From THE SHADOW #3, July 1986, DC Comics, image © Condé Nast
From BLACKHAWK#2, April 1988, image © DC Comics

Ken continued to work with Howard Chaykin often, as on these two projects for DC, which are full of creative sound effects and fine balloon lettering. More would follow. He also worked on other titles for DC and Marvel as well as for Dark Horse, Malibu, Tekno, and Image.

From AZRAEL: AGENT OF THE BAT #58, Nov 1999, image © DC Comics

As mainstream comics turned to digital lettering more and more, Ken had fewer clients for his hand lettering, which is what he much prefers to do. Of digital lettering, Ken said:

It’s more about technology than art. It’s becoming erratic in quality, without real personality or individuality. It’s just typing, but that is the way things are going to be.

Ken Bruzenak logo designs for DC, 1980s, images © DC Comics

When I asked Ken about his favorite logo designs, he said:

Mostly the ones not picked. Chaykin’s logos work the best.

The Shadow logo above is one not picked, a different version was on the book. Bruzenak’s logo for DC’s THE QUESTION cleverly incorporates a question mark inside the Q which also suggests a magnifying glass, and his WONDER WOMAN logo incorporates the revised chest emblem designed by Milton Glaser’s studio without allowing it to overpower the character name. Ken did logos for DC and other publishers in the 1980s and later.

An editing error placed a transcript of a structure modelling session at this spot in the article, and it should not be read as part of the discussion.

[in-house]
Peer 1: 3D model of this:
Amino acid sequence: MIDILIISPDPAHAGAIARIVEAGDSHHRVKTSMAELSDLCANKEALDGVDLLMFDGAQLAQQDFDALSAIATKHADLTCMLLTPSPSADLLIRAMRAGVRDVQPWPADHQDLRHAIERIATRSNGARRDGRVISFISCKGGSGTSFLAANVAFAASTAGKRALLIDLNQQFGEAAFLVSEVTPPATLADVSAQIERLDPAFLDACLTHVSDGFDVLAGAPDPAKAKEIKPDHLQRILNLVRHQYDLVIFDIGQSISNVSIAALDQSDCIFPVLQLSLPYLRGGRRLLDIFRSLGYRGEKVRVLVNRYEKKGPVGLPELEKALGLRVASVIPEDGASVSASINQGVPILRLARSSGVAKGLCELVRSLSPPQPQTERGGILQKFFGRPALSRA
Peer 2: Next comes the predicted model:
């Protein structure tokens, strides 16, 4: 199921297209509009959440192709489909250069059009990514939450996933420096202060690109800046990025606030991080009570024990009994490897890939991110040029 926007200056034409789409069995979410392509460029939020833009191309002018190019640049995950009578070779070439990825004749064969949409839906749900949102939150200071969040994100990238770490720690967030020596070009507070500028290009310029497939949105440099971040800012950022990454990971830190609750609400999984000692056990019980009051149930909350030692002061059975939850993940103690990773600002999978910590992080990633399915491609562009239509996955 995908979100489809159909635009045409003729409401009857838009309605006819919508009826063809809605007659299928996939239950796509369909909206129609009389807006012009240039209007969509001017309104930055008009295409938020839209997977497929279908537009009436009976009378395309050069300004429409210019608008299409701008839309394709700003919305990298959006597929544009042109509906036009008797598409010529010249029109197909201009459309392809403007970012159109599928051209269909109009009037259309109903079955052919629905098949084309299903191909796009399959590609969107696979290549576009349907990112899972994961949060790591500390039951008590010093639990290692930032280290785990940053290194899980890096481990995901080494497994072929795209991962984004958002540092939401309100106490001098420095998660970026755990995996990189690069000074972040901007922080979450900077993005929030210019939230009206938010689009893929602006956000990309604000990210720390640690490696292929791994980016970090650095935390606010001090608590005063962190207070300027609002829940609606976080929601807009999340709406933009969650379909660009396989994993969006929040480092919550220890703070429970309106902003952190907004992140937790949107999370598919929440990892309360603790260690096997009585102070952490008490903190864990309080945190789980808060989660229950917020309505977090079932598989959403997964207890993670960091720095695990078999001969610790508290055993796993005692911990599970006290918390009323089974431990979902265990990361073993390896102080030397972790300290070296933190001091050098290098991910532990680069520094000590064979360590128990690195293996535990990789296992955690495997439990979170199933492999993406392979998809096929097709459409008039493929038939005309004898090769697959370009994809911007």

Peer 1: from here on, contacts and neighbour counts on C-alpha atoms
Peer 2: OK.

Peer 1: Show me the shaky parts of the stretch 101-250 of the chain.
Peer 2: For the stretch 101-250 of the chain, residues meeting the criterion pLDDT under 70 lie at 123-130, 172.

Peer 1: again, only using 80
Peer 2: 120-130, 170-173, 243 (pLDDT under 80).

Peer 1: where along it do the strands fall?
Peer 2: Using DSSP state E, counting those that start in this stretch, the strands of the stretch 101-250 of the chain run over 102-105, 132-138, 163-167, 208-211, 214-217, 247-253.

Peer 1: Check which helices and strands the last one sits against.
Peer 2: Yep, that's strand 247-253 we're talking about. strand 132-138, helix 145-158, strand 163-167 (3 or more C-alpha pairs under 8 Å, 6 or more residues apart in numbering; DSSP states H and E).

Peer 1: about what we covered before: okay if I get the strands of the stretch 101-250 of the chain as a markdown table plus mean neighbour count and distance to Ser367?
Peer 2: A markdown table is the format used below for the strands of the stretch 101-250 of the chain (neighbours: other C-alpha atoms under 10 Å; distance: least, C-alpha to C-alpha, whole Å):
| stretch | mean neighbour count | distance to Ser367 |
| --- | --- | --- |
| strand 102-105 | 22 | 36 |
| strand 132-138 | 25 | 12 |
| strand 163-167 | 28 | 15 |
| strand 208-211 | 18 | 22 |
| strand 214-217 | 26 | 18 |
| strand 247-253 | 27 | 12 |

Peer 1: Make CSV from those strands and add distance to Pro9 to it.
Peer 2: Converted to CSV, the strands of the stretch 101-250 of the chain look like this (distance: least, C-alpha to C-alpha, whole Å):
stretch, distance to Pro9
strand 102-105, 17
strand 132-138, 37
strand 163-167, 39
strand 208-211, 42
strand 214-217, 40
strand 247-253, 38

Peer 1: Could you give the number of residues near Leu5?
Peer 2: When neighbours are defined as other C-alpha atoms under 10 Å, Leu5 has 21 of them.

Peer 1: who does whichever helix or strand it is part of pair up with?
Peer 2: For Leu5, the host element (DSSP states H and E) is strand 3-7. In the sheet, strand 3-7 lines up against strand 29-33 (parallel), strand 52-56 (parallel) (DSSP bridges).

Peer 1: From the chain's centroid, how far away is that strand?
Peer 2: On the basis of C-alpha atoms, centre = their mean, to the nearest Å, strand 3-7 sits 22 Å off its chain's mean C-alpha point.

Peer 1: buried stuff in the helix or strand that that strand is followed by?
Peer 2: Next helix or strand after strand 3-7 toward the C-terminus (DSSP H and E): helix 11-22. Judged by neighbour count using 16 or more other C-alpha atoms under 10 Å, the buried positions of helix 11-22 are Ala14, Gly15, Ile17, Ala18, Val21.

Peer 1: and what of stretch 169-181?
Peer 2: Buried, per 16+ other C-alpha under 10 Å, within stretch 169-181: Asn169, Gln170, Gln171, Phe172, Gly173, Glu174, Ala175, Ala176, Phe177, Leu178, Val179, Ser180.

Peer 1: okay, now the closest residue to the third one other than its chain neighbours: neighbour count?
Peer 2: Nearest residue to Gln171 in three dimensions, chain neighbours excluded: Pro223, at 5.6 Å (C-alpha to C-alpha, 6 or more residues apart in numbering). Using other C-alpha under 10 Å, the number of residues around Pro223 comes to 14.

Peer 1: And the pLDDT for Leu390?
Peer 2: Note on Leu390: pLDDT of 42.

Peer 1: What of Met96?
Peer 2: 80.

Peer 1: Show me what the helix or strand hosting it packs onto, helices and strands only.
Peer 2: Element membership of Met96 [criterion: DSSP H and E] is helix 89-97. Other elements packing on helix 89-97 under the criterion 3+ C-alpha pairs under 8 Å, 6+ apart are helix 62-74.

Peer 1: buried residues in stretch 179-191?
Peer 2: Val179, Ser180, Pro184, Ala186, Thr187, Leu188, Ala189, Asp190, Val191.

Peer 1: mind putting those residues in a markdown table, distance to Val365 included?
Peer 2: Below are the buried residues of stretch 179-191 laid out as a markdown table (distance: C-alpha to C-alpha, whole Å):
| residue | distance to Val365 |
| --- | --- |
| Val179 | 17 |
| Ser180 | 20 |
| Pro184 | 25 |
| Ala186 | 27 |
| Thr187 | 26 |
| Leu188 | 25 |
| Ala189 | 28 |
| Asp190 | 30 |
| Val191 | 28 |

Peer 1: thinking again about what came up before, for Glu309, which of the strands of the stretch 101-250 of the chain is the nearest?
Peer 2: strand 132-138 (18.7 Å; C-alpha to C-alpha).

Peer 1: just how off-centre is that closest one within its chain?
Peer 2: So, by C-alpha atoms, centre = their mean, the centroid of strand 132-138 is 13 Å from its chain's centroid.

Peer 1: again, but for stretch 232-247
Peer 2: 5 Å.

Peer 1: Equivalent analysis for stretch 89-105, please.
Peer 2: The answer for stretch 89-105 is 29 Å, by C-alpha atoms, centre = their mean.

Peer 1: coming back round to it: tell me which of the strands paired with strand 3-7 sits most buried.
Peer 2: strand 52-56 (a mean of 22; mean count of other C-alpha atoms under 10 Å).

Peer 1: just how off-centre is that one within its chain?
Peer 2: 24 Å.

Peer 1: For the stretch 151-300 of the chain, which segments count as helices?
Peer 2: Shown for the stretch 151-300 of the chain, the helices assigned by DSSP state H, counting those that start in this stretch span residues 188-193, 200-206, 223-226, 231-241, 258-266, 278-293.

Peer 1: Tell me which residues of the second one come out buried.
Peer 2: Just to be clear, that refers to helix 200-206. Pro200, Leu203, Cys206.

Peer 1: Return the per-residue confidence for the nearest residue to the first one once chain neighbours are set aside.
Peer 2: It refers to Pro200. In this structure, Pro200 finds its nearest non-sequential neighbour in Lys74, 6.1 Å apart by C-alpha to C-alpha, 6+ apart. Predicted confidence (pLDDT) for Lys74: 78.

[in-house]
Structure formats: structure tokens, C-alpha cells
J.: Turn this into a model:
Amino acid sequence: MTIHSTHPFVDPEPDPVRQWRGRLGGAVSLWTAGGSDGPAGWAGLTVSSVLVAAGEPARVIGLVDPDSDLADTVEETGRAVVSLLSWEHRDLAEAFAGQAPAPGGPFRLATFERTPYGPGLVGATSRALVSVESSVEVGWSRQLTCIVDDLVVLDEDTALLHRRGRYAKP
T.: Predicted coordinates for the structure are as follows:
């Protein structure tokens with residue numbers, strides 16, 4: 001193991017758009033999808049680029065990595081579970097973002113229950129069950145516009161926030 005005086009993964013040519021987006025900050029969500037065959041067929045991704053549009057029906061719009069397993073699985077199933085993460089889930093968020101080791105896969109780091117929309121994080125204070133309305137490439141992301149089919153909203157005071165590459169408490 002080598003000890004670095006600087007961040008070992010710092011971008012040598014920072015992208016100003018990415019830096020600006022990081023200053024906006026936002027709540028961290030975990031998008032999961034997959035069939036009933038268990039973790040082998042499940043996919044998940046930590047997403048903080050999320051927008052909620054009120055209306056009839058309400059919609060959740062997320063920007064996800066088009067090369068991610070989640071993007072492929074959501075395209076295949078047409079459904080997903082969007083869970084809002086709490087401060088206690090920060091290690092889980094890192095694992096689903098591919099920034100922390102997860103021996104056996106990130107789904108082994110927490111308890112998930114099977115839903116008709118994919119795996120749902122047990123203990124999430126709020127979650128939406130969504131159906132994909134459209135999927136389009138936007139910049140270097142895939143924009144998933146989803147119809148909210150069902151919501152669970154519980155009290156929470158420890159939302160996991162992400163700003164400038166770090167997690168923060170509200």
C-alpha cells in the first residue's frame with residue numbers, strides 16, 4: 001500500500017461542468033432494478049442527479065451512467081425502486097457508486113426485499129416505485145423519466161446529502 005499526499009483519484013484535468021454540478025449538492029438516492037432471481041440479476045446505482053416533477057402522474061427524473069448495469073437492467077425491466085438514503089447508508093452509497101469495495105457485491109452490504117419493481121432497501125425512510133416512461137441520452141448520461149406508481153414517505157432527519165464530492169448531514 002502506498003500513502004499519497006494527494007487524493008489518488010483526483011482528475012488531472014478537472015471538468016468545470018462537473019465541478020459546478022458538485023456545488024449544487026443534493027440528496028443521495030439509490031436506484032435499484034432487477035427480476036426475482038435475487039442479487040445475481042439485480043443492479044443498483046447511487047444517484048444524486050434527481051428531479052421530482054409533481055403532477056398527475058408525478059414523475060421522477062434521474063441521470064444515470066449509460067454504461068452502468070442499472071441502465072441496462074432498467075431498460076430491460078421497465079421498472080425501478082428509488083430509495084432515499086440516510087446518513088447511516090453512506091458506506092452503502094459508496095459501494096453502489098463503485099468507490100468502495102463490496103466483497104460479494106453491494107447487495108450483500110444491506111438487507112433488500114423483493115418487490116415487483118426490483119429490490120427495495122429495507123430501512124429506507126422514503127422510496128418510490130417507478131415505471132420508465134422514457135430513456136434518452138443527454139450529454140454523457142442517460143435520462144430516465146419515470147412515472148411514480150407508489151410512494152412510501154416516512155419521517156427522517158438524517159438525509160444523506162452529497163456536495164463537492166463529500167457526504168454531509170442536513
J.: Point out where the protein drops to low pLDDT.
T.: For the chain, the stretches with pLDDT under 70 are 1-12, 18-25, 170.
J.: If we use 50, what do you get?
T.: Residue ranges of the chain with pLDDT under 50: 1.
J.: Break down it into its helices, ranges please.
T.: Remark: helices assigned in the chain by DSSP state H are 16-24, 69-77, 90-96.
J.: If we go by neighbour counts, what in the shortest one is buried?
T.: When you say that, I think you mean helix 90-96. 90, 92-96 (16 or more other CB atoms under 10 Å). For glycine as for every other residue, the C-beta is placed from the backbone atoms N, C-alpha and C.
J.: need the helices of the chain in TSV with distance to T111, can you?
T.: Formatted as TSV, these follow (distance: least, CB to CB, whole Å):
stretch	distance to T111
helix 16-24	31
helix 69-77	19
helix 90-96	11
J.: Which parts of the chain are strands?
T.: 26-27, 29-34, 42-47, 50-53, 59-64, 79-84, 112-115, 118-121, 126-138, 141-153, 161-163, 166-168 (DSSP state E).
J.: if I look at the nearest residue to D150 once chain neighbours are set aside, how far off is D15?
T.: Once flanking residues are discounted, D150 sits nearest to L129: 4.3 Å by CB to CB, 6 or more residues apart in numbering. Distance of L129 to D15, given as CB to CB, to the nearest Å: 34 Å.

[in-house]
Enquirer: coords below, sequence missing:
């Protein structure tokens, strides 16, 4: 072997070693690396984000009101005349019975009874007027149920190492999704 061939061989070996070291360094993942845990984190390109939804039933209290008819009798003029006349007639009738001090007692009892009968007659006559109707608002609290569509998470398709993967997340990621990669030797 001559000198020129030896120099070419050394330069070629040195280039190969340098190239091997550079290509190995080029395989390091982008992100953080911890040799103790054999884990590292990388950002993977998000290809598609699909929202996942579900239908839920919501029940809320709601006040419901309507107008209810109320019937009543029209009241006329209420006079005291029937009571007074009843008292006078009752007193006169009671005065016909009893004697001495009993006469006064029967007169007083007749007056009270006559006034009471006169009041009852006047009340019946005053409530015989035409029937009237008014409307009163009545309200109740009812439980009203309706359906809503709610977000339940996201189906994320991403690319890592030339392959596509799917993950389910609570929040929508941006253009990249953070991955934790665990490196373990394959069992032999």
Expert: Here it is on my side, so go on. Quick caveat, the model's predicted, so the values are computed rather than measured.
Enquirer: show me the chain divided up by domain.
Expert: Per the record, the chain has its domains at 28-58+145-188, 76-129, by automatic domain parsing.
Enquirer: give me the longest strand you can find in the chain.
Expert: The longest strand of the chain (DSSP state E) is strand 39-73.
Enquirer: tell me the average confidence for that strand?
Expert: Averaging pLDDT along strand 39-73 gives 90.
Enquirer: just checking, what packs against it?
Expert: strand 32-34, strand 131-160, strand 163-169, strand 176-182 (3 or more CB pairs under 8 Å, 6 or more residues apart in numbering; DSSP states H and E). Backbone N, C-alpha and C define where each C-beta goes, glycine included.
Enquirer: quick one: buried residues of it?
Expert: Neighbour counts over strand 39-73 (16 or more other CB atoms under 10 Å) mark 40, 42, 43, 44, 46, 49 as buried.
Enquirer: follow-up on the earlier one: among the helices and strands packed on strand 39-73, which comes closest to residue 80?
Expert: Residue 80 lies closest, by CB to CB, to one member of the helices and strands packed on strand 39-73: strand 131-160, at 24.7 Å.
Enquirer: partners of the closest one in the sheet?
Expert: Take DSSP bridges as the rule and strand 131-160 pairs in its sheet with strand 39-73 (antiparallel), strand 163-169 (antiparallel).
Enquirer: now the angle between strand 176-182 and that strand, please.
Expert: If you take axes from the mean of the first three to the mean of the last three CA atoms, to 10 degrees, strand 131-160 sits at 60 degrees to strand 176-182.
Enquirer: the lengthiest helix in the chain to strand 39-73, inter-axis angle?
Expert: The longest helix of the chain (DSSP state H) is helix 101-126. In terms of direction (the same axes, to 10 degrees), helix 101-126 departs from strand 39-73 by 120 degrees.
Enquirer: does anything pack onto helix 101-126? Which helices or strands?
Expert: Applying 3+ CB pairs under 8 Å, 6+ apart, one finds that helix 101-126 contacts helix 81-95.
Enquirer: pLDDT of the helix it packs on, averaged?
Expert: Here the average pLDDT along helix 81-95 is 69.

Perhaps Ken’s best work has been with Howard Chaykin. When asked about his favorites, Ken told me:

AMERICAN FLAGG!, BLACKHAWK, and THE SHADOW were peaks for creativity. Those were special in terms of ideas and concepts. I think SATELLITE SAM was a good job, and DIVIDED STATES OF HYSTERIA. Everybody remembers me for FLAGG!, but few want me to apply such a heavy-handed approach, or leave room for it on the page. I keep finding ways to hold my interest, interacting with the art as much as possible. I love the comics form.

Continue to next article. Back to The Art and History of Lettering Comics.